Saturday, May 23, 2020

A new road between Tibet and Xinjiang

G216 cutting across the Taklamakan Desert
On May 16, 2020, impressive pictures of workers driving bulldozers on a construction site in the Taklamakan Desert were released by Xinhua.
The caption explained: “The construction of Yuli-Qiemo highway, the third north-south route running through Taklamakan Desert, has entered the final rush. Workers of China Communications Construction Company Ltd are working on the largest dune in this project, with an estimated volume of 1.2 million cubic meters of sand to deal with.”

The Yuli-Qiemo highway is a section of the National Highway 216 (known as G216) linking northern Xinjiang to Kyirong county in Tibet (the border town with Nepal). A few years ago, I had mentioned the possibility of having a second road link between the two restive provinces of Tibet and Xinjiang (the first one is the G219 or Aksai Chin road, running through the Indian territory).

Xinhua’s caption continued: “They established camps next to the dune for the convenience of work, and receive daily necessities on a regular basis. The completion of the highway is expected to improve the transport conditions in southern Xinjiang and promote local development.”

For obvious reasons, Beijing does not want to announce as yet that they are building this new highly strategic link, which will serve the under-developed parts of Gerze county of Western Tibet (Ngari Korsum) ...and reached Nepal. It is probably an important part of the Belt & Road Initiative  between Central and South Asia, dreamt by Xi Jinping.

But this is not the trickiest part of the project.
How will the Chinese engineers managed to cross the Kunlun range and reach Rutok county?
Once on the plateau, the terrain (probably via Gerze county) will be easier.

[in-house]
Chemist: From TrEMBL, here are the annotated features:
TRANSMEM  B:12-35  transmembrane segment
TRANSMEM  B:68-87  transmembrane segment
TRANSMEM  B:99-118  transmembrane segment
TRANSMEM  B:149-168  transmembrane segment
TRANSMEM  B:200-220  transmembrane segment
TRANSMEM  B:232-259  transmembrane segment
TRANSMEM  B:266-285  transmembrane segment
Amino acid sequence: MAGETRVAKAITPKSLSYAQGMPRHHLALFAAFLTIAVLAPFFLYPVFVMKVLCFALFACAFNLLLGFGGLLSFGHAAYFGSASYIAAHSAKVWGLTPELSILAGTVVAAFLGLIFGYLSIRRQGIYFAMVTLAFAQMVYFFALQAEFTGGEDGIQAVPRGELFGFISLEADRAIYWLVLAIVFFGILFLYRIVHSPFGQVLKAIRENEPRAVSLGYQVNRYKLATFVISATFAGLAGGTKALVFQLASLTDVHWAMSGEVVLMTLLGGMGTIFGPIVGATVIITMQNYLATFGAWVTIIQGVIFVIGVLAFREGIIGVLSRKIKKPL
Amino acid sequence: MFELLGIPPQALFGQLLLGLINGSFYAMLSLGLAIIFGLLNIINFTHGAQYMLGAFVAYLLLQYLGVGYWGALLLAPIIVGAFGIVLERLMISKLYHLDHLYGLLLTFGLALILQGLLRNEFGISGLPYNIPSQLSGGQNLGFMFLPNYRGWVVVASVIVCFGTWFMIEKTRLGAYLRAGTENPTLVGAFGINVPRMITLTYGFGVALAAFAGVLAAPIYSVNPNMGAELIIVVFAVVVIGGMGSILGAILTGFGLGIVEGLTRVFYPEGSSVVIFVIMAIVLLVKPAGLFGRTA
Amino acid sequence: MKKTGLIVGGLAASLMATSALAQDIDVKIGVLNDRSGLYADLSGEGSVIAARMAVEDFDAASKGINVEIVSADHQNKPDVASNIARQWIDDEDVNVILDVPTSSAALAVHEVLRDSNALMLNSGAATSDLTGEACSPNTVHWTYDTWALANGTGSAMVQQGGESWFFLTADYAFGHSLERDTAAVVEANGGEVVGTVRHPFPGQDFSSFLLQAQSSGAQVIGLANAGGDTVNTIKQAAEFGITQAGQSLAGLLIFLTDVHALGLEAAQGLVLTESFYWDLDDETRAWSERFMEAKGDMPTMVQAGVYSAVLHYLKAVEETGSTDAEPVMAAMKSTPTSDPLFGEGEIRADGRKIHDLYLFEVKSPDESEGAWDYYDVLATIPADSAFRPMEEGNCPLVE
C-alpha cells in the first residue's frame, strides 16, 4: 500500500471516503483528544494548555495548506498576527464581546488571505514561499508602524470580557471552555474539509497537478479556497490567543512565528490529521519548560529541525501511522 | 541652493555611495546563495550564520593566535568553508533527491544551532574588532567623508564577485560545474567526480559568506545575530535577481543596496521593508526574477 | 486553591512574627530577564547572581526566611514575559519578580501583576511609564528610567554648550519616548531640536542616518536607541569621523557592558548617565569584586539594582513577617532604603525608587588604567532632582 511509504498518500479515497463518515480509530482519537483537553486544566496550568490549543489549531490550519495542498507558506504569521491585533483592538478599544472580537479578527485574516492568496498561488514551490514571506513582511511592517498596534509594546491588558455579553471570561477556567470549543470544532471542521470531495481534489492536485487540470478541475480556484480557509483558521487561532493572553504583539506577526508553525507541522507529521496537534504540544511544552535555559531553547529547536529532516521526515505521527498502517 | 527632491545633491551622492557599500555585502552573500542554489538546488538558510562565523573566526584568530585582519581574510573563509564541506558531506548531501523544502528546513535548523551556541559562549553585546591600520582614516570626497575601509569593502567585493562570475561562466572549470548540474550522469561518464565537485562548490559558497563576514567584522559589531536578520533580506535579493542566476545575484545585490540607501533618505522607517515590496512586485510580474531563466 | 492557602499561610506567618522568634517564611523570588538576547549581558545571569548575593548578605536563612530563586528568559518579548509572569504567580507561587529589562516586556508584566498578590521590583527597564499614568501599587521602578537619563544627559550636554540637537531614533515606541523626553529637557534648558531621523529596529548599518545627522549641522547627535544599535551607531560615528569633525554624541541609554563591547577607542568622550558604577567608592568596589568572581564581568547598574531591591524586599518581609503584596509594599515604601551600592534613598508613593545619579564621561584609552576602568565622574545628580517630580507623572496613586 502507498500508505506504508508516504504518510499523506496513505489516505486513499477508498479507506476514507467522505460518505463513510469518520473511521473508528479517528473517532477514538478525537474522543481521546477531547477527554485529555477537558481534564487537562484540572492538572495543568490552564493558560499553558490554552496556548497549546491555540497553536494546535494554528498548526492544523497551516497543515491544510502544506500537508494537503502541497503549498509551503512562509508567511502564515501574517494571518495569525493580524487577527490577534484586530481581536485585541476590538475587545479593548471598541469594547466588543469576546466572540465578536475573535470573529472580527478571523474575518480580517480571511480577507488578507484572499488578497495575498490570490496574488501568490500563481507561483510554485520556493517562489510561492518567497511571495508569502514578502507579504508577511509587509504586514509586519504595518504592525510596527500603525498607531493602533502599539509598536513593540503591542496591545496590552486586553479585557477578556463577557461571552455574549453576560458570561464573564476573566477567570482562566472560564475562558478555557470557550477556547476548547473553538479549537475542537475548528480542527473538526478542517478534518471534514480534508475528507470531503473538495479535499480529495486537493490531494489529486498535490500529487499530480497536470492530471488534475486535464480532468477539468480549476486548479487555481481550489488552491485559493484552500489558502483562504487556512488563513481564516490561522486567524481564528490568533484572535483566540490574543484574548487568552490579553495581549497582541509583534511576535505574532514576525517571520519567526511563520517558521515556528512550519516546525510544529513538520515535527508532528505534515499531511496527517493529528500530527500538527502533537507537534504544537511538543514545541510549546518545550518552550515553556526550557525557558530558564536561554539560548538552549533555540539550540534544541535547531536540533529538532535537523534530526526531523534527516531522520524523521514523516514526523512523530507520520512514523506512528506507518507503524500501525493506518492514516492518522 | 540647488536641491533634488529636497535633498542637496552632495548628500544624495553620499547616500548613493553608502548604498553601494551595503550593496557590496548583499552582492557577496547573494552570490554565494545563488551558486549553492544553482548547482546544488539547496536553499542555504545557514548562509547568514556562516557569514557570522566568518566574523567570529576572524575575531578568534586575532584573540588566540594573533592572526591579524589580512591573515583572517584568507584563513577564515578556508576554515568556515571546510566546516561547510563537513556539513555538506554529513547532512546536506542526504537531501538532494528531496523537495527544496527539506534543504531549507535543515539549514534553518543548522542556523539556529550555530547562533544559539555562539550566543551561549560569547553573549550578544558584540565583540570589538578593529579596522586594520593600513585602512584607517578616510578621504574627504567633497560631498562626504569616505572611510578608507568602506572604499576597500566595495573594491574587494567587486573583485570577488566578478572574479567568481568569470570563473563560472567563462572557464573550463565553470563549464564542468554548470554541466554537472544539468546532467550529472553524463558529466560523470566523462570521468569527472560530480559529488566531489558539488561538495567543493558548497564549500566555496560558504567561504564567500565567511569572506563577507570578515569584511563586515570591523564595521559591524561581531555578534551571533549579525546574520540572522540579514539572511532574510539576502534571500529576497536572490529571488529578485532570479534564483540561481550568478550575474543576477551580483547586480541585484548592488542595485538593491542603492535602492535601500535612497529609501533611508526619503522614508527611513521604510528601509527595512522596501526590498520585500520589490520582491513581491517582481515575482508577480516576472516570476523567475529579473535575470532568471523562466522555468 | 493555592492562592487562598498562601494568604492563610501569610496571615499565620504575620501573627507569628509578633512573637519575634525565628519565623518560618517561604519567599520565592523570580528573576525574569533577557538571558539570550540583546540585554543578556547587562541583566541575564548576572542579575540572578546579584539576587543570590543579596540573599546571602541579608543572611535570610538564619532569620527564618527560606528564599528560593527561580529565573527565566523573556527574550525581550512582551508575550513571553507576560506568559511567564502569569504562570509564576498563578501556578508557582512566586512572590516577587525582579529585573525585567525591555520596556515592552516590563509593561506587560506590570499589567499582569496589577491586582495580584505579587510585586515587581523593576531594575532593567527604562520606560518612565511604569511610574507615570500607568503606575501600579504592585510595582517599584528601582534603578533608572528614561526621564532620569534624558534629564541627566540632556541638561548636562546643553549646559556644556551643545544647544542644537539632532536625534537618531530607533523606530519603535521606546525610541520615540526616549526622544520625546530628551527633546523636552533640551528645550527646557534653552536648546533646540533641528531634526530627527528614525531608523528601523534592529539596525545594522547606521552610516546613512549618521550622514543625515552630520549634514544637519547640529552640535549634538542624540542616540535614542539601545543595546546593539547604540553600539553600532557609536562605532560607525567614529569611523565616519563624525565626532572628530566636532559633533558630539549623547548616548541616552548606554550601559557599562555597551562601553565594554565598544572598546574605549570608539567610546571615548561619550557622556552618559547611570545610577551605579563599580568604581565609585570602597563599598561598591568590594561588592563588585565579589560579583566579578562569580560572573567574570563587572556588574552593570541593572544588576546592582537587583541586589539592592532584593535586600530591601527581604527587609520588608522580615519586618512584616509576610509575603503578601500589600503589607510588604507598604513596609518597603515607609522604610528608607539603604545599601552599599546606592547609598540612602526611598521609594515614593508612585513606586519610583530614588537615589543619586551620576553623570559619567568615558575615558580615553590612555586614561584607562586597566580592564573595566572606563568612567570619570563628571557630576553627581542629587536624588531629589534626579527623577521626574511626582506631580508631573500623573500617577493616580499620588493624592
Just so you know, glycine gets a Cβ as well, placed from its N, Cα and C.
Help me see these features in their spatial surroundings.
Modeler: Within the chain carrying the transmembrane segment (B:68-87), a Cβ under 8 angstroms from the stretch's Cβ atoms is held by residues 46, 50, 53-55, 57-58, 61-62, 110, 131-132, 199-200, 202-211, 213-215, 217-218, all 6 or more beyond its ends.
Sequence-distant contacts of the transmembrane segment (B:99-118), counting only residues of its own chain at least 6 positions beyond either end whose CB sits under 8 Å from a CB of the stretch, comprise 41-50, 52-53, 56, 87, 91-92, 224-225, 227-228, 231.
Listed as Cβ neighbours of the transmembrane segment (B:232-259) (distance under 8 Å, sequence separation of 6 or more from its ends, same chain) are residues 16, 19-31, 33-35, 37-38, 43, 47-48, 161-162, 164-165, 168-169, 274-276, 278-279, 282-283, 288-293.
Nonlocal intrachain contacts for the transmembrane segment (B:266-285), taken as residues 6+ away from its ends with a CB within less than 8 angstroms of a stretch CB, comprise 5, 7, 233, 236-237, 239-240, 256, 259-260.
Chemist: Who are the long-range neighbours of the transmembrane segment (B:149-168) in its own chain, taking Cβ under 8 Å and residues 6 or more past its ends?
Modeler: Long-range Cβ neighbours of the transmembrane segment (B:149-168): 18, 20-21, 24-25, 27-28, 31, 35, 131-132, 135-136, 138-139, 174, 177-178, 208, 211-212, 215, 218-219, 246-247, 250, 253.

Today many still believe that it is impossible to cross the Kunlun.
But Beijing has probably done its home work and studied the 19th century Western explorers such as Sven Hedin or Aurel Stein who moved around the area and found slightly-easier passages to cut across the formidable natural barrier.
It is interesting to see if this new road link will be included in the next Five-Year Plan (2021-2025).

Some twenty pictures show workers on the lunar ‘dune’ landscape around the future highway crossing the Taklamakan Desert.

Here is a tentative route to be followed by the G216.

Incidentally, on May 14, the Xinjiang Production and Construction Corps (XPCC)  announced that it will pump a lot of funds into transportation projects during the current year.
According to Xinhua: "The [Xinjiang] authorities will invest 9.5 billion yuan (about 1.34 billion U.S. dollars) in 60 major road projects, with plans to build or upgrade roads with a combined length of 2,281 km, according to the local transportation bureau. Of the investment, the Xinjiang Production and Construction Corps will allocate 5.7 billion yuan to its areas of jurisdiction in the southern part of Xinjiang."
It was said that the XPCC has already resumed work on a number of major transportation projects.
It is ominous for the Ladakh border, where the Chinese have started creating serious problems on the Indian side of the LAC, for example in Galwan area and north of the Panggong tso.

Another Section of G216
On May 20, Xinhua published a series of photos showing the construction site of Tianshan Shengli tunnel, a six-year project on the Urumqi-Yuli highway. The news agency says: "it passes through a cold and high altitude zone, with harsh climate and geological condition." This is apparently part of the same G216 Highway project.

Yet another Infrastructure Project in Xinjiang
Tracklaying has started on the Ruoqiang–Hotan railway project south of the Taklamakan Desert.
According to Construction Review Online: “Running east from the current rail-head at Hotan south of Kashgar to Qiemo and then northeast to Ruoqiang, the 825 km line will have 65 stations, serving a string of small towns between the Tarim Basin and the Altun Shan mountain range. It will connect at Ruoqiang with the 1214 km Golmud–Korla line now nearing completion.”
The portal provides further details: “Designed for operation at up to 120 km/h, the single track line was authorised by the National Development and Reform Commission in May 2018. Construction was formally started on December 20 that year, and completion is expected by mid-2022. Capacity is being provided for up to eight daily passenger trains each way and around 15 million tonnes of freight per year. Total cost of the project is put at US 3.1 bn, of which the national government is contributing 54.2%, Xinjiang Uyghur Autonomous Region 23.3% and China Railway 22.5%. This budget includes 790m yuan for rolling stock.”